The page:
Monday, January 30, 2023

China confirms detention of two Canadians

Two Canadian men have been detained in China on suspicion of "endangering national security," China's Foreign Ministry said Thursday. Spokesperson Lu Kang confirmed that entrepreneur Michael Spavor and former Canadian diplomat Michael Kovrig were taken into custody on Monday and that they are being handled separately. (CBC)

National security breach the fault of government

Unless you are a voracious consumer of the news, you have likely not heard of one of the biggest national security failures to have ever occurred in Canada. The RCMP are investigating, but they won’t say much about any of what it is they are doing or the dramatic exposure to Canada.  In July 2019, Dr. Xiangguo Qiu and her husband Keding Cheng were removed from Canada’s only Level 4 microbiology lab in Winnipeg for what was described as a policy breach. In January of 2020 they were officially terminated from the lab and their security clearance, the highest available in Canada, was removed.  A level 4 biomedical virology lab is equipped to deal with and research the most serious and deadly diseases to affect humans and animals.  What we do know is precious little considering the implications. Dr. Xiangguo Qiu sent several specimens of viruses including the frightening ebola virus to the microbiology lab in Wuhan, China.  We know that Dr. Xiangguo Qiu and her husband are Chinese nationals and are believed to be back in China, beyond the reach of Canadian justice. The national security implications are enormous yet the RCMP while admitting their investigation, isn’t telling the country what the exposure is, not only to Canada, but to the world.  Iain Stewart, President of the Public Health Agency of Canada which runs the lab in Winnipeg, appeared before the Parliamentary Special Committee on Canada/China relations in March. Let’s say he was less than forthcoming with answers to the committee. He was given until April 20,...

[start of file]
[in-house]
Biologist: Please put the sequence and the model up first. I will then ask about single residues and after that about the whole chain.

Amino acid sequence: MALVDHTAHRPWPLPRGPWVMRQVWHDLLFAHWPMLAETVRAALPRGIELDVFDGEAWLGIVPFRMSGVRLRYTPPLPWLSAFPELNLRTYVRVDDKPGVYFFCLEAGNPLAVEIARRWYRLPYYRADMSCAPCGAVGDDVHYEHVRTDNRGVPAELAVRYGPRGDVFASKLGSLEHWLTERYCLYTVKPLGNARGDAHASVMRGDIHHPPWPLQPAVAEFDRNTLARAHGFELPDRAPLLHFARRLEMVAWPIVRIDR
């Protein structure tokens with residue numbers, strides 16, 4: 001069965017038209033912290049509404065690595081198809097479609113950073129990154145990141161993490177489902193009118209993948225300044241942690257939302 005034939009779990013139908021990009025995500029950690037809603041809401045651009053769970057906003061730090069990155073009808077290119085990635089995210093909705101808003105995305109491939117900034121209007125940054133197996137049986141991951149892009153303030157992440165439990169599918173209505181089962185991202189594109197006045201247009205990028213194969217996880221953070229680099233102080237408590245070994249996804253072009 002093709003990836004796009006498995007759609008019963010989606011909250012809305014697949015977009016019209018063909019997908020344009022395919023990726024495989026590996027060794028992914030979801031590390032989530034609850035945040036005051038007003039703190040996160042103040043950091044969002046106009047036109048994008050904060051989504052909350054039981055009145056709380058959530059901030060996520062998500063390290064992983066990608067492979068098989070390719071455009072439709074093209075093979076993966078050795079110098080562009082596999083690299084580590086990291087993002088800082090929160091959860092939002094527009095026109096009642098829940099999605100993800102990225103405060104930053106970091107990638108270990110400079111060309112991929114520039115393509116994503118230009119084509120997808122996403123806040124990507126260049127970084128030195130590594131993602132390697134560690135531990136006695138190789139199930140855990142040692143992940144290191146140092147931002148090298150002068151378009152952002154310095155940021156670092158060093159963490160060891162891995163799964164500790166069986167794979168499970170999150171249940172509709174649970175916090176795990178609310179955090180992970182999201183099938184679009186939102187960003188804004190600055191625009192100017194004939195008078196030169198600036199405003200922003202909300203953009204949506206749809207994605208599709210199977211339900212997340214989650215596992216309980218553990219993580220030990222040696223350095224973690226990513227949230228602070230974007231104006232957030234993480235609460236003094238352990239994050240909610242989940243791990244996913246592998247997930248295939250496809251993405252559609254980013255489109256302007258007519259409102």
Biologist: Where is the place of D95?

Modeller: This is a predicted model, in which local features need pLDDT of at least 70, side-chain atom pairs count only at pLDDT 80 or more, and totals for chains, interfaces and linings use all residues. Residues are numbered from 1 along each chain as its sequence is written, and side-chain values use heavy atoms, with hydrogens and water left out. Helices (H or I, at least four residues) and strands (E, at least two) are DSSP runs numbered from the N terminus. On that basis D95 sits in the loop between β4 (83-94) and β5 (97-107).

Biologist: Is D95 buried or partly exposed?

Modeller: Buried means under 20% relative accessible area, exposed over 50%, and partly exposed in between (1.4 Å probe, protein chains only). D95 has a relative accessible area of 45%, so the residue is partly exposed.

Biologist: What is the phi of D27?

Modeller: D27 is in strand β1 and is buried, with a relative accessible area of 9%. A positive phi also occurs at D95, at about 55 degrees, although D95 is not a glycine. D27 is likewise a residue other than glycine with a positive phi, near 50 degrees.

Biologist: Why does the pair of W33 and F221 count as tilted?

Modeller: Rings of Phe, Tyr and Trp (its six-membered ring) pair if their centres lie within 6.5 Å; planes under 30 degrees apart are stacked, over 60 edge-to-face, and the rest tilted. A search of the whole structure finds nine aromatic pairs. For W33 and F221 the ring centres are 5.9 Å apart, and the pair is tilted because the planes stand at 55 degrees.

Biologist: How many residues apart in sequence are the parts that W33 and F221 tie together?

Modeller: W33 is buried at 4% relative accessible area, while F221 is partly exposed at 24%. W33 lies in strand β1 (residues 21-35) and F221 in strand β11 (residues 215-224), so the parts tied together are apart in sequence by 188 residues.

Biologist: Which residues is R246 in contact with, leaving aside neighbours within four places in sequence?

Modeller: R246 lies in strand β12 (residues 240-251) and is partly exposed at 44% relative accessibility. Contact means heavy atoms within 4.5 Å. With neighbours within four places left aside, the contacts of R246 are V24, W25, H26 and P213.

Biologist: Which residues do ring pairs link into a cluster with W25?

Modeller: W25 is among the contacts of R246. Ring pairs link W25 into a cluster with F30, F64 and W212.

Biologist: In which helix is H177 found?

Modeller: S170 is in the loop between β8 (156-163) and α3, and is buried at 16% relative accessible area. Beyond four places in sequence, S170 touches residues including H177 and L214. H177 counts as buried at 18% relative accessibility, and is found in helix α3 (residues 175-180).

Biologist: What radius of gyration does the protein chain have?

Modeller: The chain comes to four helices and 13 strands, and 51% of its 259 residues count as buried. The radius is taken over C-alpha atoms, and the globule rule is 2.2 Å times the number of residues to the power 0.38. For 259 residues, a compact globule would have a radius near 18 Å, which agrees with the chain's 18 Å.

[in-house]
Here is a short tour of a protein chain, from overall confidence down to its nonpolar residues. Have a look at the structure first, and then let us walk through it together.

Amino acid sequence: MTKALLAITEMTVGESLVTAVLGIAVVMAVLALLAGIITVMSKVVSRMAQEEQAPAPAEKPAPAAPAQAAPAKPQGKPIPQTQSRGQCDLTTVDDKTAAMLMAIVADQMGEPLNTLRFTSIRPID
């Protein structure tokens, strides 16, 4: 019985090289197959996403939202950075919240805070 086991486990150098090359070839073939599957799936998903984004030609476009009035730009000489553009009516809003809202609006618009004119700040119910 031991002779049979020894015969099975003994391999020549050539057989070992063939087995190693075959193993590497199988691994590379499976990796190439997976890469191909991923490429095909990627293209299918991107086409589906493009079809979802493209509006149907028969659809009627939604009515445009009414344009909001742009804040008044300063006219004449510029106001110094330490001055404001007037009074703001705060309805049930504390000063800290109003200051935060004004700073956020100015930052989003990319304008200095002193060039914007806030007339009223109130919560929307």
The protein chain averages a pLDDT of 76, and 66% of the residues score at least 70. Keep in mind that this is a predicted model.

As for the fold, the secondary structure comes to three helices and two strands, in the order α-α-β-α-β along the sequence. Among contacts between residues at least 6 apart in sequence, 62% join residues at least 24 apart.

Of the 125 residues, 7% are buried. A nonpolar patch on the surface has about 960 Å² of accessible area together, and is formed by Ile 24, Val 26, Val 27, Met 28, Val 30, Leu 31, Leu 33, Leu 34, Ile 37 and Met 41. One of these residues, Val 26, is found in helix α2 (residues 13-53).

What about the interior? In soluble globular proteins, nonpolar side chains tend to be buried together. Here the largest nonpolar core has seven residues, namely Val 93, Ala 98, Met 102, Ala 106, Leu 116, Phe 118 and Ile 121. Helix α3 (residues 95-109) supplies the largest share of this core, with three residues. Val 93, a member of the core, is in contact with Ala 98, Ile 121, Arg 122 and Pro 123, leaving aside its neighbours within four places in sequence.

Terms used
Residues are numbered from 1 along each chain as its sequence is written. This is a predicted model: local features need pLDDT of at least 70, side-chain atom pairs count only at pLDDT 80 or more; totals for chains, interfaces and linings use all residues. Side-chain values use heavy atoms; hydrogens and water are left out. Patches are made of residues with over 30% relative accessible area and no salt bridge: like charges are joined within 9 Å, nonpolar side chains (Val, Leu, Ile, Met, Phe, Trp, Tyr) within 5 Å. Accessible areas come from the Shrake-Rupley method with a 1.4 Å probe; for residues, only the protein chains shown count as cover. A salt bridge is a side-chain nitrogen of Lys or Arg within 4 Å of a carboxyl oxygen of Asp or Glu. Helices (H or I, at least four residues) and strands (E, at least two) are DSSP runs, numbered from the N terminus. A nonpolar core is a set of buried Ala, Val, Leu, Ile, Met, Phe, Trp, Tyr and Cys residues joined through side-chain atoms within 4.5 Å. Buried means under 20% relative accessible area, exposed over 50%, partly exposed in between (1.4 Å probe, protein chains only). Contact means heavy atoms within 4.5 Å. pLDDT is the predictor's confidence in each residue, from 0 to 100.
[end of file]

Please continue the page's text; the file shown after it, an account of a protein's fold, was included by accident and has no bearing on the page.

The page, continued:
Former cop who blew whistle wants standing in B.C. money laundering inquiry

A lawyer says an inquiry into money laundering in British Columbia would not exist without the "courage" of an ex-police officer who spoke out about alleged "interference" with his mandate to investigate organized crime in casinos. (CBC)

Conservatives elect a new leader today

The new Conservative leader will take ownership of a party that is enjoying considerable success in fundraising and membership numbers as Prime Minister Justin Trudeau's popular support slumps amid the summer student grants scandal. (CBC)

BLM protesters face off with gun-toting Louisville store owner

LOUISVILLE - An exchange between Black Lives Matter supporters and a gun-toting Louisville store owner captured the tension in the Kentucky city as protests continued for the third day since a grand jury decided not to charge any police officers in the death of Breonna Taylor. (New York Post)

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